The advent of technologies that let businesses track, overhear, and monitor employees on company time is raising issues about corporate surveillance.
Gartner estimated last year that 22% of organizations worldwide in various sectors use employee-movement data, 17% track work-computer-usage data, and 16% access Microsoft Outlook or other calendar-usage data.
Products of interest include Amazon's recently patented ultrasonic bracelet, which can localize warehouse employees and monitor their interaction with inventory bins via sound pulses.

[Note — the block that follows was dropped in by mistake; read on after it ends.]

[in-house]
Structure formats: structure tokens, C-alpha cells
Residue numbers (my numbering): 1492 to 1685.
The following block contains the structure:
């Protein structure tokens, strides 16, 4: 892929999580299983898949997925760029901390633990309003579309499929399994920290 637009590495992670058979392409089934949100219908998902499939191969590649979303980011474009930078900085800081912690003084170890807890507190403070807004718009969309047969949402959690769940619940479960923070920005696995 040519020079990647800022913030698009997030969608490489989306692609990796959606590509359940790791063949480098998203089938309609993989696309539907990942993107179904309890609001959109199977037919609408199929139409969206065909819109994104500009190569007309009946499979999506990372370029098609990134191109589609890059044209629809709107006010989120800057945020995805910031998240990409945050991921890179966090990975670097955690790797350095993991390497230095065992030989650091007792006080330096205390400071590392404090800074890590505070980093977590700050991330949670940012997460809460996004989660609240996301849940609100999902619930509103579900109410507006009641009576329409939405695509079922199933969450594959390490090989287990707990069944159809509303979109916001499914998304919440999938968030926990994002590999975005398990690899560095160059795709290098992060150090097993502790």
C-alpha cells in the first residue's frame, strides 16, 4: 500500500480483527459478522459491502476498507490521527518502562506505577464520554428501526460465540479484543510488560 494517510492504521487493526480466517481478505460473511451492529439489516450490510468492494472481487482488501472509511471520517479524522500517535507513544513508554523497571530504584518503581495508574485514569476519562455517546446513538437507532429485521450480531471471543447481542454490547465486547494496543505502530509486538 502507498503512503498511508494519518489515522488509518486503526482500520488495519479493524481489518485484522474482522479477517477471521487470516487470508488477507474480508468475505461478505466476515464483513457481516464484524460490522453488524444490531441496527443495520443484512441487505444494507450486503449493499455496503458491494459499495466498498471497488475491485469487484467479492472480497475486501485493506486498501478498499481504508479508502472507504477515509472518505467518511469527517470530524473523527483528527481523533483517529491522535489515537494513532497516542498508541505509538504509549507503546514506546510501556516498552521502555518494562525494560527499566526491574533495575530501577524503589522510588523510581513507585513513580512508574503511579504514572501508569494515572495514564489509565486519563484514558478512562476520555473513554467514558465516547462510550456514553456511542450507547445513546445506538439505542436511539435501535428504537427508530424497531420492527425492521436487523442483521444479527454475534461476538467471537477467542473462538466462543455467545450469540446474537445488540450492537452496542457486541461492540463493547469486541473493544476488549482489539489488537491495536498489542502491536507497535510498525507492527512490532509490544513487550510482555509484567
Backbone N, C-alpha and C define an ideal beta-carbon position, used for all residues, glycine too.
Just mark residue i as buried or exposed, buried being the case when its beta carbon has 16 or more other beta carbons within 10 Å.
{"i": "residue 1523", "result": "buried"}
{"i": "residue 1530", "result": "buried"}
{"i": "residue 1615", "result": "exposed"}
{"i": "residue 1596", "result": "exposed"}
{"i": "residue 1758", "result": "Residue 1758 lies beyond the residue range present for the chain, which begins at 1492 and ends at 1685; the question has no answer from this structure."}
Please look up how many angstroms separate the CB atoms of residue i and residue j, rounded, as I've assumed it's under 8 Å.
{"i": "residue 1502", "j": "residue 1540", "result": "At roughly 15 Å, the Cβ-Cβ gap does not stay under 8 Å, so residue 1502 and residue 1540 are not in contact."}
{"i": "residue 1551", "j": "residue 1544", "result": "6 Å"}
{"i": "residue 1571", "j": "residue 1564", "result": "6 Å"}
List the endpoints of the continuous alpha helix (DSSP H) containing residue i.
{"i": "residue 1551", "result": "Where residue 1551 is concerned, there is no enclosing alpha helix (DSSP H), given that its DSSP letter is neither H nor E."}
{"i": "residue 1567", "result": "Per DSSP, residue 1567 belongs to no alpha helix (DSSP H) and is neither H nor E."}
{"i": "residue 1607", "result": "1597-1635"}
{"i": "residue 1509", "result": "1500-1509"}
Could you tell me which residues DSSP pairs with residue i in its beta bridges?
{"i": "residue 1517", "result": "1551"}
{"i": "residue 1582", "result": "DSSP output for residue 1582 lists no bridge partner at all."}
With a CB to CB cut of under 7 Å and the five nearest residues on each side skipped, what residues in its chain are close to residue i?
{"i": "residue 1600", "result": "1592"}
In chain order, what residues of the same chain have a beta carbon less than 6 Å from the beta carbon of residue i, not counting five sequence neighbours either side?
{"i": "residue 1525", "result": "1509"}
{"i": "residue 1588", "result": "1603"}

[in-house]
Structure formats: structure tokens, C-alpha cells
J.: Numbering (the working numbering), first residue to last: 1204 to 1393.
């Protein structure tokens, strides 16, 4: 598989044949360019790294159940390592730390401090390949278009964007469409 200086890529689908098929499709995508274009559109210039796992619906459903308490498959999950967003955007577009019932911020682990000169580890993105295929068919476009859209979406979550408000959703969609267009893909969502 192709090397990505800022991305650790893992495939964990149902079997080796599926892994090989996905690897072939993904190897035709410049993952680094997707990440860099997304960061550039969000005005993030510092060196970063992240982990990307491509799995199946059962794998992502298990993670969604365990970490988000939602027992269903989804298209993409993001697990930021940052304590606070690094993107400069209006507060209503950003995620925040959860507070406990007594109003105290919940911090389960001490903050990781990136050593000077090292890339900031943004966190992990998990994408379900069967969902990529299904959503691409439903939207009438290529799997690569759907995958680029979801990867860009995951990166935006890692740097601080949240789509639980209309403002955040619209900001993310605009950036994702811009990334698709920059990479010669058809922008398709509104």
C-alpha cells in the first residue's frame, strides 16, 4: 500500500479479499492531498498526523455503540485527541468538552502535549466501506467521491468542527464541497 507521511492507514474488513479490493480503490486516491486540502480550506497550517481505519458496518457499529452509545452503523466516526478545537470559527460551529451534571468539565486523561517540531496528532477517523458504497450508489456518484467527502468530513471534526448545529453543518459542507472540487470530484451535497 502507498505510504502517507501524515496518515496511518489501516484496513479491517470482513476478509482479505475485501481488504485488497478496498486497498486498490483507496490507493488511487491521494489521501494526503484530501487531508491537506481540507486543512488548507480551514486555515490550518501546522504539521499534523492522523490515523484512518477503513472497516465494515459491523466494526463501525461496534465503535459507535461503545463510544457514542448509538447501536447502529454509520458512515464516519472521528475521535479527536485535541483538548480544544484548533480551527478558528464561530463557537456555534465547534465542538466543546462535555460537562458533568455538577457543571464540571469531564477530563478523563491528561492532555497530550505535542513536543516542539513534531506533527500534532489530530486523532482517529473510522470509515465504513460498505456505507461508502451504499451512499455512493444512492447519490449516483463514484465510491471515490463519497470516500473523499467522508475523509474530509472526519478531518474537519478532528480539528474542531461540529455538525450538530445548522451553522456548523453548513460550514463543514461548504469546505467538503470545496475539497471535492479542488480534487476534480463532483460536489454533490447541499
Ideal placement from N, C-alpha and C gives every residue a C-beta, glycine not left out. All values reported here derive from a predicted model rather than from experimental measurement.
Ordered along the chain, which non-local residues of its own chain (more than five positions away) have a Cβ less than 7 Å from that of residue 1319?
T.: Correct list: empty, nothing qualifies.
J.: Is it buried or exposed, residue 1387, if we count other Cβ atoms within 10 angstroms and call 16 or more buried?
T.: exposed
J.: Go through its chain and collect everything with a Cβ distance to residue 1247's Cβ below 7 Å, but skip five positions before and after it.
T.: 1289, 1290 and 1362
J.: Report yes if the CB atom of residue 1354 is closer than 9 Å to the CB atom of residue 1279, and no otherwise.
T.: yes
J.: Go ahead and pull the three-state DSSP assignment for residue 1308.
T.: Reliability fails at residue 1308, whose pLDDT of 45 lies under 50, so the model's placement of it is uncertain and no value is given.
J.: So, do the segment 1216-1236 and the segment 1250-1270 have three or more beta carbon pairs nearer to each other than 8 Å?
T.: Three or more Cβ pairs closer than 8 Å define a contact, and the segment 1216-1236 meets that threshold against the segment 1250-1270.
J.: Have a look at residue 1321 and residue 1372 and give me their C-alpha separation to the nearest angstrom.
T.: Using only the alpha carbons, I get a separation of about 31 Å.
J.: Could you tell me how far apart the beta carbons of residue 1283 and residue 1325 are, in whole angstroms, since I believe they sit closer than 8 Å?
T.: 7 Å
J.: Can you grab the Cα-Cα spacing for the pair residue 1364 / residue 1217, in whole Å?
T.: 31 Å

Meanwhile, last year Walmart patented a system for eavesdropping on workers and customers, which tracks employee "performance metrics" to ensure employees are on the job by listening for certain noises.
Some makers of monitoring technologies are developing deployment guidelines to allay employer and employee privacy concerns, but advocates fear worker privacy could be compromised without appropriate regulation.
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